Researchers have discovered a mechanism that may explain why people with COVID-19 lose their sense of smell.
Published online February 1 in the journal Cell, the new study finds that infection with the pandemic virus, SARS-CoV-2, indirectly dials down the action of olfactory receptors, proteins on the surfaces of nerve cells in the nose that detect the molecules associated with odors.
xperiments showed that the presence of the virus near nerve cells (neurons) in olfactory tissue brought an inrushing of immune cells, microglia, and T cells that sense and counter infection. Such cells release proteins called cytokines that changed the genetic activity of olfactory nerve cells, even though the virus cannot infect them, say the study authors. Where immune cell activity would dissipate quickly in other scenarios, in the brain, according to the team’s theory, immune signaling persists in a way that reduces the activity of genes needed for the building of olfactory receptors.
One unique symptom of COVID-19 infection is loss of smell without the stuffy nose seen with other infections like the common cold, researchers say. In most cases, the smell loss lasts only a few weeks, but for more than 12 percent of people with COVID-19, olfactory dysfunction persists in the form of ongoing reduction in the ability to smell (hyposmia) or changes in how a person perceives the same smell (parosmia).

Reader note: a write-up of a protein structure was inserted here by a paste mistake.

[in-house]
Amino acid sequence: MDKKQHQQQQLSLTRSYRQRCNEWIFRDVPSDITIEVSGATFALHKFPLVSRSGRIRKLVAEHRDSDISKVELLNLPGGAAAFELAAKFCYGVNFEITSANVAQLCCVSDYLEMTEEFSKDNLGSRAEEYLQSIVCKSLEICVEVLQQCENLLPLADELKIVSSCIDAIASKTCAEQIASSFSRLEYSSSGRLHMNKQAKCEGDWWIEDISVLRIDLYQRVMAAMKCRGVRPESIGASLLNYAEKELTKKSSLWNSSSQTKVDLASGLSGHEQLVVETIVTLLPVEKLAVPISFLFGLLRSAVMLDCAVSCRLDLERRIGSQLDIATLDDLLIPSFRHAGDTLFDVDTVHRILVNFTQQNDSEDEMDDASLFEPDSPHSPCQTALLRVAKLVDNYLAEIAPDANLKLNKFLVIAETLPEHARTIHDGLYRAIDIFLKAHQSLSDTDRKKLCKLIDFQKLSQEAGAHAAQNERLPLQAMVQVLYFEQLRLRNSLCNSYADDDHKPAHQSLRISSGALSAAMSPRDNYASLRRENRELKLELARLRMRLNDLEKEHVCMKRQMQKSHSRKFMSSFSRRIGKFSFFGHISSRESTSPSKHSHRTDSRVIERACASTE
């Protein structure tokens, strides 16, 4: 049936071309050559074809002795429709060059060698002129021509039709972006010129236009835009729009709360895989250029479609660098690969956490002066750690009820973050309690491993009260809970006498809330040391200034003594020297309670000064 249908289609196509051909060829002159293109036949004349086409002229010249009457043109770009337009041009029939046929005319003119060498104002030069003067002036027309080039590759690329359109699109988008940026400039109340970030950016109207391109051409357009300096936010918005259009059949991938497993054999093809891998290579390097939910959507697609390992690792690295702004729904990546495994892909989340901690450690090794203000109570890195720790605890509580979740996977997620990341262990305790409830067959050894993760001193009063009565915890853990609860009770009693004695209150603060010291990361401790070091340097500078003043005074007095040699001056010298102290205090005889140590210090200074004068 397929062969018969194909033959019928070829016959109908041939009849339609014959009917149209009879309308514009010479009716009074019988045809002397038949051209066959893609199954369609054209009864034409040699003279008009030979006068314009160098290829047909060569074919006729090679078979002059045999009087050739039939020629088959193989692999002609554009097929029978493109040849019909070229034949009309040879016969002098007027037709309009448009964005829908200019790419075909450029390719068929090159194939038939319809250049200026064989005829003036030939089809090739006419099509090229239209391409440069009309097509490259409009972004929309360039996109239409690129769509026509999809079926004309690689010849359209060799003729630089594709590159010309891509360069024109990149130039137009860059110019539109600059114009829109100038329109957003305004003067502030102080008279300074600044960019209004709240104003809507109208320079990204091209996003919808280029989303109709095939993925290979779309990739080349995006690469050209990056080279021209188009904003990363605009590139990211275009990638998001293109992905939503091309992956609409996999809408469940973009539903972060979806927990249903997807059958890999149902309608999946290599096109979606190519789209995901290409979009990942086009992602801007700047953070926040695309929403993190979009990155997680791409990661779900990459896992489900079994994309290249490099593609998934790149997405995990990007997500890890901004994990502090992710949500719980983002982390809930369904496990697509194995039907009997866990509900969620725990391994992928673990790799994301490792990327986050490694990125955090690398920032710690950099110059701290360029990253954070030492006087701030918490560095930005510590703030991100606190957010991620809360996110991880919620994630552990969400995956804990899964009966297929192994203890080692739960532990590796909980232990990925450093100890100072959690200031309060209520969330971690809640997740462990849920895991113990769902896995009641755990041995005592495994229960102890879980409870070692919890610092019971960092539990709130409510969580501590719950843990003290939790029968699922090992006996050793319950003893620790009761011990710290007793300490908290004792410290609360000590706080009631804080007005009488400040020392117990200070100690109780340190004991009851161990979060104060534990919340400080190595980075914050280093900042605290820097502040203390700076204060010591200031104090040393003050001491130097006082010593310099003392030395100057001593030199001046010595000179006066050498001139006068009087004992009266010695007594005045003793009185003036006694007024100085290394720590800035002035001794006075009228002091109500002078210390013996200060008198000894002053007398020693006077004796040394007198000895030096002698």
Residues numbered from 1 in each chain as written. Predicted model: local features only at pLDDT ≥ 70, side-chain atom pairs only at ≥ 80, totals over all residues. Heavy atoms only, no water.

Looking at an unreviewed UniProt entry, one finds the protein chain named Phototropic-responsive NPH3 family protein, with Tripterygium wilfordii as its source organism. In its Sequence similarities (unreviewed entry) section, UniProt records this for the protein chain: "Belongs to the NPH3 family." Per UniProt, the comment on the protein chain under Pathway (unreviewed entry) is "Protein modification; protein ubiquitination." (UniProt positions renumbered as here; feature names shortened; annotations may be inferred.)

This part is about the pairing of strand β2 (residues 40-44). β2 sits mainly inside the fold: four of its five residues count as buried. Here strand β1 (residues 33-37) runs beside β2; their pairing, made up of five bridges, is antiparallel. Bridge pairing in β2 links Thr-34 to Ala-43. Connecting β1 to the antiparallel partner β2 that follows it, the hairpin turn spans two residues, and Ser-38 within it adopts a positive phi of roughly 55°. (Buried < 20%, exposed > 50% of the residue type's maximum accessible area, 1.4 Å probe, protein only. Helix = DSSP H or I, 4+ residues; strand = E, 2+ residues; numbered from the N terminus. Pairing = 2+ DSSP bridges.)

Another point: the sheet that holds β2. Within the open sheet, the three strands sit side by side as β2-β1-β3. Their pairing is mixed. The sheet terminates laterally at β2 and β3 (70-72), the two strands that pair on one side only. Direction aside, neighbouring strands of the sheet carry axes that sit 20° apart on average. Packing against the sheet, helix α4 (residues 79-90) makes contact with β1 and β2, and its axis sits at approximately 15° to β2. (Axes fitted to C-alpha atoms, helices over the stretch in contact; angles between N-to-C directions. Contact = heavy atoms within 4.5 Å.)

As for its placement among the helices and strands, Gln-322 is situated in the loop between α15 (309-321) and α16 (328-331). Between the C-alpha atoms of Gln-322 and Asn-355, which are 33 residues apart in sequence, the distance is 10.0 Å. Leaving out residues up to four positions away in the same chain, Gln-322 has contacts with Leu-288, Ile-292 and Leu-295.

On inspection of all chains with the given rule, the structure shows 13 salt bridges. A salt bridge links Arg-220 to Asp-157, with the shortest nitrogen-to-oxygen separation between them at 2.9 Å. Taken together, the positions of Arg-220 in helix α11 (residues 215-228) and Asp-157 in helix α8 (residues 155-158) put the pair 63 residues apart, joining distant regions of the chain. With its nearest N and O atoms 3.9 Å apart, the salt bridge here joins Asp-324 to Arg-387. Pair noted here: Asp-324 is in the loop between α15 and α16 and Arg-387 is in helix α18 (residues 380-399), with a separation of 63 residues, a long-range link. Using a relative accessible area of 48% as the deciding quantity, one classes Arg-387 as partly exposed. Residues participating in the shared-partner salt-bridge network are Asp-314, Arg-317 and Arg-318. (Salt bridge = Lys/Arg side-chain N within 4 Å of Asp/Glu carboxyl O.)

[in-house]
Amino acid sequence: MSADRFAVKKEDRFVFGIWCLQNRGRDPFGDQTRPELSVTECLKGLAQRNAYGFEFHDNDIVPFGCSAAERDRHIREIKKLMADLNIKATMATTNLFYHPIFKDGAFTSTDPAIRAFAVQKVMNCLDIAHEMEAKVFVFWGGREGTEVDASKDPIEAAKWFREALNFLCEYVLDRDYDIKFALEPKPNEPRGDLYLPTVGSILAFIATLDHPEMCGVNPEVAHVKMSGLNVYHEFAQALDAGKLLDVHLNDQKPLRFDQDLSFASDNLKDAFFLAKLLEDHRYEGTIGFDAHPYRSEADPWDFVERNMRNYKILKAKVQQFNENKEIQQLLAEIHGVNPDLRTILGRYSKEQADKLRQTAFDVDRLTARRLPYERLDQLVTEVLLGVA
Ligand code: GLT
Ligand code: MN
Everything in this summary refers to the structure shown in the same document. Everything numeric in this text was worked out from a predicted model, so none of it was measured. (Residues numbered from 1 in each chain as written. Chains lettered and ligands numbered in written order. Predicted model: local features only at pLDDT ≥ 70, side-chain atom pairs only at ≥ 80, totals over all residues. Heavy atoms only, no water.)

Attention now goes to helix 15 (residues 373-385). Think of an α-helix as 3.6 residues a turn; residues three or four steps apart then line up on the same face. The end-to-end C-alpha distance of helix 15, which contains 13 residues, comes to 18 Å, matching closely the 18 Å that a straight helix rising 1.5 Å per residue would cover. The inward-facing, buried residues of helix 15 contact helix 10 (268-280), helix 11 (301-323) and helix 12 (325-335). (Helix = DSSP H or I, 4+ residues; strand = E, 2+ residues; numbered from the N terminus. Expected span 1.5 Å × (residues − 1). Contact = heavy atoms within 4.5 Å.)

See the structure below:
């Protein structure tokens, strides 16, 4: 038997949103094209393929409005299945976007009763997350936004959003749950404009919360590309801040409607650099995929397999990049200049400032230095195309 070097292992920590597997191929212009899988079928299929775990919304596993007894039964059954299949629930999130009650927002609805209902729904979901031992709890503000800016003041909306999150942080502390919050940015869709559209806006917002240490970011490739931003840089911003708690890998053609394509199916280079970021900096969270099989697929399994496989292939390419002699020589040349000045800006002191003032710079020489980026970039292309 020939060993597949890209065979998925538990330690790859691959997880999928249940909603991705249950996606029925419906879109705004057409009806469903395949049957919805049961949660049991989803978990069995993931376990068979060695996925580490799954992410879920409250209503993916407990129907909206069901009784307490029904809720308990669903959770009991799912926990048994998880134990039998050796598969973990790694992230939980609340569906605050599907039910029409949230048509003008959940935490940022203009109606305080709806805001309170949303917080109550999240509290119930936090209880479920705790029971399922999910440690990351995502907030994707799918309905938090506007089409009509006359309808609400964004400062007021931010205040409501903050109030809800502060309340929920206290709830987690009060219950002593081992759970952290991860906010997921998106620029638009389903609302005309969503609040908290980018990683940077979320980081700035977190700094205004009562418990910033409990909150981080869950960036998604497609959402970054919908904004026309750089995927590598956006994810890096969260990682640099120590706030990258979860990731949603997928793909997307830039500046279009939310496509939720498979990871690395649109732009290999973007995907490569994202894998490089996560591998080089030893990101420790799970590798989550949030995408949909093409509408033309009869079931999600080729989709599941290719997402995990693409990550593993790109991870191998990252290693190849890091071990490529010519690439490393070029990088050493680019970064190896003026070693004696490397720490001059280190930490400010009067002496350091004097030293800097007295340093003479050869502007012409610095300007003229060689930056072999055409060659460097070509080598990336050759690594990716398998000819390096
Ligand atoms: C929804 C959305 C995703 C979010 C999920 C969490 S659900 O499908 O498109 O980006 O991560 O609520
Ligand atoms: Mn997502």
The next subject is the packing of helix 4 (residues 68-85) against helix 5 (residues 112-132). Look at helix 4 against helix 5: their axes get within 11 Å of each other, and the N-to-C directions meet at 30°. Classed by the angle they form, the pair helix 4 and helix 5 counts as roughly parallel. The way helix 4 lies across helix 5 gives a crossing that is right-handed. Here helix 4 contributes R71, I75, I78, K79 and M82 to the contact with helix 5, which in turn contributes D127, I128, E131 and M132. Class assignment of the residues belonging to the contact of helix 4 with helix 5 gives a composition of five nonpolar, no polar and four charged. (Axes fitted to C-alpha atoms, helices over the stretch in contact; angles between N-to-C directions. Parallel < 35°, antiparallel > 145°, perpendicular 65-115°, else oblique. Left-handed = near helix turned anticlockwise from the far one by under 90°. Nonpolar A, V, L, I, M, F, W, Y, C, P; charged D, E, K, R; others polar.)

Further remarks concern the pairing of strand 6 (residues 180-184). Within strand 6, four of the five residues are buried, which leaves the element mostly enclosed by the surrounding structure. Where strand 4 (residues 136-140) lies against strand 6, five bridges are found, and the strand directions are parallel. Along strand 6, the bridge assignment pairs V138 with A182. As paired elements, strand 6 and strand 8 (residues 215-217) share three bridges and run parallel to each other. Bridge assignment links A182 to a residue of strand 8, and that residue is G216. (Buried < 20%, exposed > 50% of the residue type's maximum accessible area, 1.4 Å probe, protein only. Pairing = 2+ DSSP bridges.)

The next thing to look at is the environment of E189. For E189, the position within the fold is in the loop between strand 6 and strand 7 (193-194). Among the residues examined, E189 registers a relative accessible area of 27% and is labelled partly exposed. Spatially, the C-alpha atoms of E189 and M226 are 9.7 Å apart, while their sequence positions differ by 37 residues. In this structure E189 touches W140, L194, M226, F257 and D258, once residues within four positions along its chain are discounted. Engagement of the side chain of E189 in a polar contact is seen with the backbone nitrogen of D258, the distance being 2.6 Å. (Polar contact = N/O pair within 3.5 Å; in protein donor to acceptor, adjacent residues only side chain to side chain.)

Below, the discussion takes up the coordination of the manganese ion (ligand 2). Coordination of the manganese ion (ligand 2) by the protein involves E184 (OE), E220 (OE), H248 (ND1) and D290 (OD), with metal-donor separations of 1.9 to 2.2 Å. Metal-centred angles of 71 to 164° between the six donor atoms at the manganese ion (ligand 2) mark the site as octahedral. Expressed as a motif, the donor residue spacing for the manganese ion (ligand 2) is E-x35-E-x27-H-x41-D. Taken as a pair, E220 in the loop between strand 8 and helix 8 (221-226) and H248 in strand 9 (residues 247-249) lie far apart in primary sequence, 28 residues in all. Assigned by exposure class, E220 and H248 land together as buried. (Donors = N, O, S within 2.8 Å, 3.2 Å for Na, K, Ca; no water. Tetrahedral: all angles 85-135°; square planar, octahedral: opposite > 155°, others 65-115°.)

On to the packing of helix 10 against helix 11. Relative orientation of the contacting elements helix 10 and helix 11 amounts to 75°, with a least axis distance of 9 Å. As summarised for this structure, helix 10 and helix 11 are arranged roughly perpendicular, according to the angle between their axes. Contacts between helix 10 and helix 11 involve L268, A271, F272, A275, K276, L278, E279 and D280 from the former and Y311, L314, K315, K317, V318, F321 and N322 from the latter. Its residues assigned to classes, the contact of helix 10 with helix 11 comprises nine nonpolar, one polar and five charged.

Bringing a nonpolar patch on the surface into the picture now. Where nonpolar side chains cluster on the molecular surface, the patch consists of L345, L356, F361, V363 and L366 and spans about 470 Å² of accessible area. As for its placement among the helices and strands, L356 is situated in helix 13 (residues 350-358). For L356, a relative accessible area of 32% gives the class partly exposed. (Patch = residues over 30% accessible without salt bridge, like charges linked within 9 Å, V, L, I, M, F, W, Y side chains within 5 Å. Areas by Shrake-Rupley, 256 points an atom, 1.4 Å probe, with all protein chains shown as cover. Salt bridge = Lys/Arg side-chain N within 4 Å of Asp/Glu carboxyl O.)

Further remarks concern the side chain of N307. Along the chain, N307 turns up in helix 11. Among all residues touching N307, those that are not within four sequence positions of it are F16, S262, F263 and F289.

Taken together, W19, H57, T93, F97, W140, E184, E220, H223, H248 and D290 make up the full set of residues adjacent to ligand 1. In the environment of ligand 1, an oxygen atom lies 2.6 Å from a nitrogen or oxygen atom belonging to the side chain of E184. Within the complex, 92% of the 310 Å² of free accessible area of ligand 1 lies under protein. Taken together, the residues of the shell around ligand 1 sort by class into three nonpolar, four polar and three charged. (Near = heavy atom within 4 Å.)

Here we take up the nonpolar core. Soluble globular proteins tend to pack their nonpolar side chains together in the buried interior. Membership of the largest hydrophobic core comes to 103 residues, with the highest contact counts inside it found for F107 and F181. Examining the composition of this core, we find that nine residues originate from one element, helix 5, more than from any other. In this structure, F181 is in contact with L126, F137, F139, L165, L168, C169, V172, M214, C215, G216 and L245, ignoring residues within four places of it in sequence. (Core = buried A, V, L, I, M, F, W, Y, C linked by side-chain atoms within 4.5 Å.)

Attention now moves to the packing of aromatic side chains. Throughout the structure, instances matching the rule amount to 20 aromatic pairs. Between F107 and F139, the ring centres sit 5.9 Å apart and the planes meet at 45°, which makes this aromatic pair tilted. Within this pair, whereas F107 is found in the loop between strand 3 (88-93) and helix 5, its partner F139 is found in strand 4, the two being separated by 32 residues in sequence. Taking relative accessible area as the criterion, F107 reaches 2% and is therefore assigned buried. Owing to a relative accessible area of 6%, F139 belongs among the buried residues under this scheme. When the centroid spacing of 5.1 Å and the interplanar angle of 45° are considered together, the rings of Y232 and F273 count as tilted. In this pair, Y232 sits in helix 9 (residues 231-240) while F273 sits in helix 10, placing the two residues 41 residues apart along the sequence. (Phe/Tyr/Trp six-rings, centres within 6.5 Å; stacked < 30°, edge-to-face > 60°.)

To gain insight into COVID-19–induced smell loss, the current authors explored the molecular consequences of SARS-CoV-2 infection in golden hamsters and in olfactory tissue taken from 23 human autopsies. Hamsters represent a good model, being mammals that both depend more on the sense of smell than humans, and that are more susceptible to nasal cavity infection.
Release date: 02 February 2022
Source: NYU Grossman School of Medicine